This week, by tackling China’s currency manipulation, the Senate has sent China a message that its unfair trade practices will no longer be tolerated while showing the American people that Democrats and Republicans actually can work together to create U.S. jobs.

'Civil War Voices' Kicks Off Prism Series

“Civil War Voices,” a musical based on the diary of a Civil War soldier, will be the first offering in the University of Pittsburgh at Bradford’s Prism series.

The university’s premier arts series will open the season with the return of The Barter Theatre in its performance of the period musical at 7:30 p.m. on Oct. 25 in the Bromeley Family Theater in Blaisdell Hall.

Ticket prices for the public are $28 and $24; costs for faculty, staff and alumni are $24 and $20; students pay $12 and $10.

James R. Harris based his musical on the diaries and other writings of his great-great-uncle, a young couple separated by the war, a young professor who became a lieutenant, and a freed slave working as Mary Todd Lincoln’s dressmaker. The music arrangements by Mark Hayes include period songs such as “Dixie,” “The Yellow Rose of Texas” and “Battle Hymn of the Republic.”

Assistant Director Katy Brown explains, “The really beautiful thing is, by the end of the play, we see that even though it was North vs. the South, we all were so much the same, with such similar human hopes and fears.”

The Barter Theatre of Abington is presenting and touring the play as part of observances surrounding this year’s 150th anniversary of the start of the Civil War.

A Kaleidoscope student matinee will be presented in the morning of Oct. 26 for children from area schools.

For more information, visit

For tickets and more information, contact the Bromeley Family Theater Box Office at (814)362-5113, Monday through Friday from 11:30 a.m. to 4:30 p.m. and one hour before show time or visit

For disability-related needs, contact the Office of Disability Resources at (814)362-7609 or

Man Stabbed, Robbed on Railroad Tracks

An Olean man was attacked and stabbed last night while walking on railroad tracks in Westons Mills.

Sheriff’s deputies say 27-year-old Shawn Wright was walking toward Olean when he was attacked from behind, stabbed in the neck with a knife and robbed of his personal belongings.

He was taken to ECMC for treatment of his injuries. The Sheriff’s Office is continuing its investigation.

Thursday, October 13, 2011

Drought Watches Lifted

Drought watches have been lifted in McKean, Cameron, Elk, and Potter counties. The Pennsylvania Drought Task Force used reports and forecasts from the National Weather Service in conjunction with DEP’s drought monitoring program to make the recommendation today.

On Sept. 2, DEP lifted drought declarations for 40 counties in the eastern and southern parts of the state. At that time, four northern counties had not recovered sufficiently and were kept in drought watch because the 90-day precipitation deficits were as great as four inches.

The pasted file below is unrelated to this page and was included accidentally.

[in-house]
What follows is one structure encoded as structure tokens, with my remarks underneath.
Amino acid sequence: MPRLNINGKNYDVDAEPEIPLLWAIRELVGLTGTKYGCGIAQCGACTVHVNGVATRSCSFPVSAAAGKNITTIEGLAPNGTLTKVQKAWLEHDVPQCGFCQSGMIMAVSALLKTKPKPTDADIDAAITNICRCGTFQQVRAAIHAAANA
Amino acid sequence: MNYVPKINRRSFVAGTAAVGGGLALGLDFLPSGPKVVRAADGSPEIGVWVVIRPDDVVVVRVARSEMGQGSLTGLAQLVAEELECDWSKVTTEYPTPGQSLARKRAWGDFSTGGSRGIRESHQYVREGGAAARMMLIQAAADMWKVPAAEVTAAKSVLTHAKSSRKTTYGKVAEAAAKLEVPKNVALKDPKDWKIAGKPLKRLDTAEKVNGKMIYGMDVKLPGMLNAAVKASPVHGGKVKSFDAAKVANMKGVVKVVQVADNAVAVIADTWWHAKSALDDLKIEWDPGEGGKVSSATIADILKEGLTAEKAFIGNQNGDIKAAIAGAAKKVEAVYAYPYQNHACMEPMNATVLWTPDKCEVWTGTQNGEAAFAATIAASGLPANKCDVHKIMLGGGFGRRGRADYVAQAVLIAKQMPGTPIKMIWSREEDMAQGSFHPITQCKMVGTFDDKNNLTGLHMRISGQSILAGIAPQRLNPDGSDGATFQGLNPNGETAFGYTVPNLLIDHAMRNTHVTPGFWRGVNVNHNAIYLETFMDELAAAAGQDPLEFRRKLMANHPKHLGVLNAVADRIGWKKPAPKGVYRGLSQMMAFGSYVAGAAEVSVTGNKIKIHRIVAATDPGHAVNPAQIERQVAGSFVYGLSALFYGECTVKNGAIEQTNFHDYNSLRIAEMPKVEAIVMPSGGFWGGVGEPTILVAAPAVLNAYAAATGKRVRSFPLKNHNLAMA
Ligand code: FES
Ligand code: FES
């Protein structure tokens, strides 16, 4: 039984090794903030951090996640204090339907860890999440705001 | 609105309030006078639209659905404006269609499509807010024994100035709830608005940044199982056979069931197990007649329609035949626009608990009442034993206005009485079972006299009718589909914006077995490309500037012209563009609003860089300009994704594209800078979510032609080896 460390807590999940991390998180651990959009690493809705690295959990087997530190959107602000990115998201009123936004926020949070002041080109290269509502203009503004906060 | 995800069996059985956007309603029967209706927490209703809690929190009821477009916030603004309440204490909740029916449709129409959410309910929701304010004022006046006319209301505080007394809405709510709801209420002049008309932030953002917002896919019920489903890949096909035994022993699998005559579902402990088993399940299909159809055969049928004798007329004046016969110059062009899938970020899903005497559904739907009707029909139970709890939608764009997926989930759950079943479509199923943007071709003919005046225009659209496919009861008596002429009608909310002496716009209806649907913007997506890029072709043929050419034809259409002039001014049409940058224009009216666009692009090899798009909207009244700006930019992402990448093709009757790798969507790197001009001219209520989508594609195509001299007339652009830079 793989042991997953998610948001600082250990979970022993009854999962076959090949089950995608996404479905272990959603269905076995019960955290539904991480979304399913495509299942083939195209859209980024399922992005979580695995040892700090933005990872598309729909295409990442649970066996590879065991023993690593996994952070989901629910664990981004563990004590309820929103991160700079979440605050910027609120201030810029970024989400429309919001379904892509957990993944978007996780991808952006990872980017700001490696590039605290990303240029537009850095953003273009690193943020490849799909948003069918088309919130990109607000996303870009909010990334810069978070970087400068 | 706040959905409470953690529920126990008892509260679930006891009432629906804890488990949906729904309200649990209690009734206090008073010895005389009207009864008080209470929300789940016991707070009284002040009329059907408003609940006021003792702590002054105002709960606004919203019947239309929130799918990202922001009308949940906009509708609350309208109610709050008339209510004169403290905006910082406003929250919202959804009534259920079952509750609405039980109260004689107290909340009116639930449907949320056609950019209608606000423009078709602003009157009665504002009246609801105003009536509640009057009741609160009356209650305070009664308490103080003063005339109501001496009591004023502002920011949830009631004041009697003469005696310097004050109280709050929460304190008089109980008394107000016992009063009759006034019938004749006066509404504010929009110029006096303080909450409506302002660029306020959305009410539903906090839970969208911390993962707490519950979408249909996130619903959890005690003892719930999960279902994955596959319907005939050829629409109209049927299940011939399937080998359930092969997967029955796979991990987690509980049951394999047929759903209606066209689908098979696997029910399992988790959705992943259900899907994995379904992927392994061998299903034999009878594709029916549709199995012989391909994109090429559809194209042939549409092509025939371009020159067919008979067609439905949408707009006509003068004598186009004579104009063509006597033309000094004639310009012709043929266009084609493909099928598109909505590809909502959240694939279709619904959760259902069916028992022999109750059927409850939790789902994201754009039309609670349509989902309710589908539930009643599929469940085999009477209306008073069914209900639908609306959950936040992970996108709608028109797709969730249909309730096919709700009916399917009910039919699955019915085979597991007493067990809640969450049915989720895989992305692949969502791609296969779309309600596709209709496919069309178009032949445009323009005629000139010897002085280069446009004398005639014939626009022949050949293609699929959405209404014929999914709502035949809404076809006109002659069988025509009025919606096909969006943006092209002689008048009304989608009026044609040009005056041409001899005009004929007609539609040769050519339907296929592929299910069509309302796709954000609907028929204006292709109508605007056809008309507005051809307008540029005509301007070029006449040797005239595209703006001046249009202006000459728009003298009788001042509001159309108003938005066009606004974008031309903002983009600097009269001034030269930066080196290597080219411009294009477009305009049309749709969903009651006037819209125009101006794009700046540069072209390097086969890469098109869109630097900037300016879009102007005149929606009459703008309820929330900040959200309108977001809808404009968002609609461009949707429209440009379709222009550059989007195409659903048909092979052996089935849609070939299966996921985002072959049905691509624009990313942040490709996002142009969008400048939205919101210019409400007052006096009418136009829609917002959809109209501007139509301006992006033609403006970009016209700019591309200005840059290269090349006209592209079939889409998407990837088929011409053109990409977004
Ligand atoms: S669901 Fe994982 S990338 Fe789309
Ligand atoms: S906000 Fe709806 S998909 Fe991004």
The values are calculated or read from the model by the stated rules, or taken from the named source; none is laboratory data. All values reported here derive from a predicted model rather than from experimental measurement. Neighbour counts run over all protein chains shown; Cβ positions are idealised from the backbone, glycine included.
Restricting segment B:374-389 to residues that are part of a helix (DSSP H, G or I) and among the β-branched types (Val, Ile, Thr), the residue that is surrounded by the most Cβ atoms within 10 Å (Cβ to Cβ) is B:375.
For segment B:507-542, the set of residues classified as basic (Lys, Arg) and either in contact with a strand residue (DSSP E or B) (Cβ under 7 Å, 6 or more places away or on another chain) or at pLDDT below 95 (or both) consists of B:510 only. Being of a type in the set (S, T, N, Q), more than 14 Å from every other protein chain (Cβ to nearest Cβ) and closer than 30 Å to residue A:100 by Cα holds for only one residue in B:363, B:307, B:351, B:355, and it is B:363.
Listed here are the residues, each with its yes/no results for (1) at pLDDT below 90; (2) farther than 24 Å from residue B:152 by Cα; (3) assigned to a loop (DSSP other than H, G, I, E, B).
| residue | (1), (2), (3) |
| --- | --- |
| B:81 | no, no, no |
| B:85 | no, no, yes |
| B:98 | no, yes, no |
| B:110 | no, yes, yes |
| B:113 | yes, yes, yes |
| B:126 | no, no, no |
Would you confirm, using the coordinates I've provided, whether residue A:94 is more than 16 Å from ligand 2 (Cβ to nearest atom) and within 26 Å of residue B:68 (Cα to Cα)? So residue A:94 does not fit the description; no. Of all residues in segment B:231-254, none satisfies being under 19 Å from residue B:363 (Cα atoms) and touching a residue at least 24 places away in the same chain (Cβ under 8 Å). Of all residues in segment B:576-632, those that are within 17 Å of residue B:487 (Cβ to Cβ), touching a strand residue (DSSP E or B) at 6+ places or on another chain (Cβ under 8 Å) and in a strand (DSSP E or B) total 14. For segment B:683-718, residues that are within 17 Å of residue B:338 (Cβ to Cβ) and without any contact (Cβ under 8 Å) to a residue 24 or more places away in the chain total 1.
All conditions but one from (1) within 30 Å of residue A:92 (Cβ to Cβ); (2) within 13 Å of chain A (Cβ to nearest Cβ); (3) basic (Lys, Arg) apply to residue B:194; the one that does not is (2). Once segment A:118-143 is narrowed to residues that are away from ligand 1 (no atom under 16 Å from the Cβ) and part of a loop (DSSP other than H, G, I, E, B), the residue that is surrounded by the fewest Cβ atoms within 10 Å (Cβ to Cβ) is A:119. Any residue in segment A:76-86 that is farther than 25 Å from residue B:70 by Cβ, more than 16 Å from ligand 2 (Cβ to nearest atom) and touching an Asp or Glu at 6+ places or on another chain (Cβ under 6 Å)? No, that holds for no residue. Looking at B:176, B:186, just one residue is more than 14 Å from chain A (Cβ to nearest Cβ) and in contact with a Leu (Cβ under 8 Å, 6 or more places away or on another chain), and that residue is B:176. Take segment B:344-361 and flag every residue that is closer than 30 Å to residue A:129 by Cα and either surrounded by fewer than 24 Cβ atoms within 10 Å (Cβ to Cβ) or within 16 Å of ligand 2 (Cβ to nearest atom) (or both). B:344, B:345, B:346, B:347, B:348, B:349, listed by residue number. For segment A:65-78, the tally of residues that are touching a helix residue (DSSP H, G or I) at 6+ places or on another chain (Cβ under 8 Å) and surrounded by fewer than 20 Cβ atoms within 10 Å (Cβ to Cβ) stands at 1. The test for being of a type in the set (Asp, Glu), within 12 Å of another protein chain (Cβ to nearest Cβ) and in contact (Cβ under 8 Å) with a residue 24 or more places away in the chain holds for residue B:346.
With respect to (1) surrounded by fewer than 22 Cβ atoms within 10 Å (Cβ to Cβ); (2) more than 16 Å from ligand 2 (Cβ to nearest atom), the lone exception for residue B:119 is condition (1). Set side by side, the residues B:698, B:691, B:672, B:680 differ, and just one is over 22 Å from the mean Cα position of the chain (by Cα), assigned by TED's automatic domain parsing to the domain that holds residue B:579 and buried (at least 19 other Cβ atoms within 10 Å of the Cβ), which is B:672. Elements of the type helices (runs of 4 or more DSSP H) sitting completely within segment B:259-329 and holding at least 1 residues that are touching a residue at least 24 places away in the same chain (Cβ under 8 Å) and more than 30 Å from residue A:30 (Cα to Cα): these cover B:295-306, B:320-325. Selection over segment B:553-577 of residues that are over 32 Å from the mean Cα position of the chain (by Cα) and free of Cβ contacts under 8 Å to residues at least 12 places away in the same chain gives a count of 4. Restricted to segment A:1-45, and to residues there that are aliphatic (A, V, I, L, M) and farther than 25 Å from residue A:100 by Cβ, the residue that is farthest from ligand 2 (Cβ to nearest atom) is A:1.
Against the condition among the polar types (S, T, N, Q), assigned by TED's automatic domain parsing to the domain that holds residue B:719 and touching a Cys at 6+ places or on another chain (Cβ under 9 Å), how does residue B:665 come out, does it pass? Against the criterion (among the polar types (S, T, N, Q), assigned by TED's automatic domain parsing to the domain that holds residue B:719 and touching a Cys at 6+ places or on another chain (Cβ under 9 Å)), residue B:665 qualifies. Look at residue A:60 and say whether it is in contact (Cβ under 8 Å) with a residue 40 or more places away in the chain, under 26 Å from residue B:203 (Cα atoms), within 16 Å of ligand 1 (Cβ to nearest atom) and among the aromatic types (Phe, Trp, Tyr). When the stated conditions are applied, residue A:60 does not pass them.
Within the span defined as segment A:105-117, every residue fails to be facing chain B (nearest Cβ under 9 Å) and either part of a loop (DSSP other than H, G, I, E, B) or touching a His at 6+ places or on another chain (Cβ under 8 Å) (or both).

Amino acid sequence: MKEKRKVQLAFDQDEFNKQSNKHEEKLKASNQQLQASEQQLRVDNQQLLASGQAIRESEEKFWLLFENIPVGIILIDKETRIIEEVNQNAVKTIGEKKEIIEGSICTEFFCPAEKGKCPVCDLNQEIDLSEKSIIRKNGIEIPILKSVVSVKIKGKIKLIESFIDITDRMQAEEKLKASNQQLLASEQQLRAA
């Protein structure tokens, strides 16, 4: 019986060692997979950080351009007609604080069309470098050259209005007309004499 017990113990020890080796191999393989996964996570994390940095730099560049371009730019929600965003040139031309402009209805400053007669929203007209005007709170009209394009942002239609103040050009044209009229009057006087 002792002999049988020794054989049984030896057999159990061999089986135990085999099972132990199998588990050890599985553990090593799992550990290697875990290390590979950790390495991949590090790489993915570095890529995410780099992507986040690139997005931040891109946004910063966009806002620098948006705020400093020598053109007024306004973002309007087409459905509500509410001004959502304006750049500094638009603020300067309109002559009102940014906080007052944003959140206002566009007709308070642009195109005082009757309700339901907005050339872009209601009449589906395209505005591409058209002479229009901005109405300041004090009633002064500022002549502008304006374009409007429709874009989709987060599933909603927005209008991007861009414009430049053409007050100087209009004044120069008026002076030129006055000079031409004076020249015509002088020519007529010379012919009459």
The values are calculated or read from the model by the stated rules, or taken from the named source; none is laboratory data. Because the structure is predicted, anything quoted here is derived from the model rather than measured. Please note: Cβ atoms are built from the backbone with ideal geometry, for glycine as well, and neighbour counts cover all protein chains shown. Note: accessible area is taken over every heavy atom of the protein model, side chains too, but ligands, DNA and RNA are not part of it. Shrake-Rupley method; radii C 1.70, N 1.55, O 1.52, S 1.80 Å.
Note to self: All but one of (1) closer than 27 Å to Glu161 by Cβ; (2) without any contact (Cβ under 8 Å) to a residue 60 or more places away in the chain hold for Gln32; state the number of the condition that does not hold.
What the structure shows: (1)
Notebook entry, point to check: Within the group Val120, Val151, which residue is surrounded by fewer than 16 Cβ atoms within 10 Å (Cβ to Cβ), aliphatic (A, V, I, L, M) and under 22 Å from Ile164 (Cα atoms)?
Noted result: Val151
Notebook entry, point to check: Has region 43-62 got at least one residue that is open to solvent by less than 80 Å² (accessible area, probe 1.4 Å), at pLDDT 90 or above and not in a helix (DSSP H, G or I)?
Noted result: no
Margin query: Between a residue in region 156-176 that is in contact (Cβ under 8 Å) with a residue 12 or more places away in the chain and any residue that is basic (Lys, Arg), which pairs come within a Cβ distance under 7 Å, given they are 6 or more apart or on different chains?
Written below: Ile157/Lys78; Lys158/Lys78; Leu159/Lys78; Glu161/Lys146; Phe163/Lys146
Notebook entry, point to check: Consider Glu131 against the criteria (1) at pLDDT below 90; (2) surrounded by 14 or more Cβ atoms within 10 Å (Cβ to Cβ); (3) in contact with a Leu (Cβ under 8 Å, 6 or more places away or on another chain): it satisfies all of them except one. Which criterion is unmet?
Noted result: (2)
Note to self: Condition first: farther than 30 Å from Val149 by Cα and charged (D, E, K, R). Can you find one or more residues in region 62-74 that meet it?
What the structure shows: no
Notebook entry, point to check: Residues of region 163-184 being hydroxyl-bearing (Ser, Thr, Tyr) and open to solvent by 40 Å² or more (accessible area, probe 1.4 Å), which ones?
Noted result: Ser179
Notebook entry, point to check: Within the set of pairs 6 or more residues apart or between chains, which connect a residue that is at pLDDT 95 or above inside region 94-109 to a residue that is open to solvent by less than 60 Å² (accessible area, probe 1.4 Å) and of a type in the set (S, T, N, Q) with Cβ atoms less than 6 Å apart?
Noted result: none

Road Crews Workers Hit by Car

Two road crew workers were hurt when a driver got too close to them in an active work zone and hit them with the side mirror of her car.

State police say 42-year-old Kevin Harris of Phillipsburg and 37-year-old Larry Joiner of Reynoldsville were part of a crew paving the new bridge north of Liberty Metals in Fox Township this afternoon when 58-year-old Betty Taylor of Kersey crossed the center line and hit them.

Both men suffered minor injuries. Taylor was cited for careless driving.

Preschool Students Learn to
Be ‘Fire Smart from the Start’

Students at Rainbow Corner Preschool learned how to be “Fire Smart from the Start” on Thursday.

The Bradford City Fire department made their annual visit to the preschool during Fire Safety and Prevention Month to show students what a firefighter looks like fully dressed in gear, what to do in case of a fire, and how to stop, drop and roll.

Students were also given tours of a fire truck and ambulance.

According to Safe Kids USA approximately 488 children ages 14 and under die in residential fires each year and an average of 116,600 children are injured from a fire/burn-related incident.

“It’s never too early to start teaching children about fire safety,” said Kimberly Engstrom, Rainbow Corner Preschool Director. “There is a difference between scaring students and making them aware of how to be safe.”

Young children almost always associate fire with happy events; campfires, birthday candles, and fireworks. Through age appropriate education, parents and teachers can teach fire safety, how to respond to a smoke detector, to not be afraid of rescue personnel and how to use a home escape plan and safe meeting place.

A study from the National Fire Protection Association shows that children under 5 years of age are at the greatest risk from home fire death and injury; their death rate is nearly twice the national average.

For more information on how your family can be “Fire Smart from the Start” contact the City Fire Department or the local chapter of Safe Kids McKean County at

Courtesy of CARE for Children

Tuesday, October 11, 2011

Casey Statement on Assassination Plot

U.S. Senator Bob Casey (D-PA), Chairman of the Senate Foreign Relations Subcommittee on Near Eastern and South and Central Asian Affairs, released the following statement after the U.S. Department of Justice announced charges against two men in a plot to assassinate the Saudi Ambassador to the United States: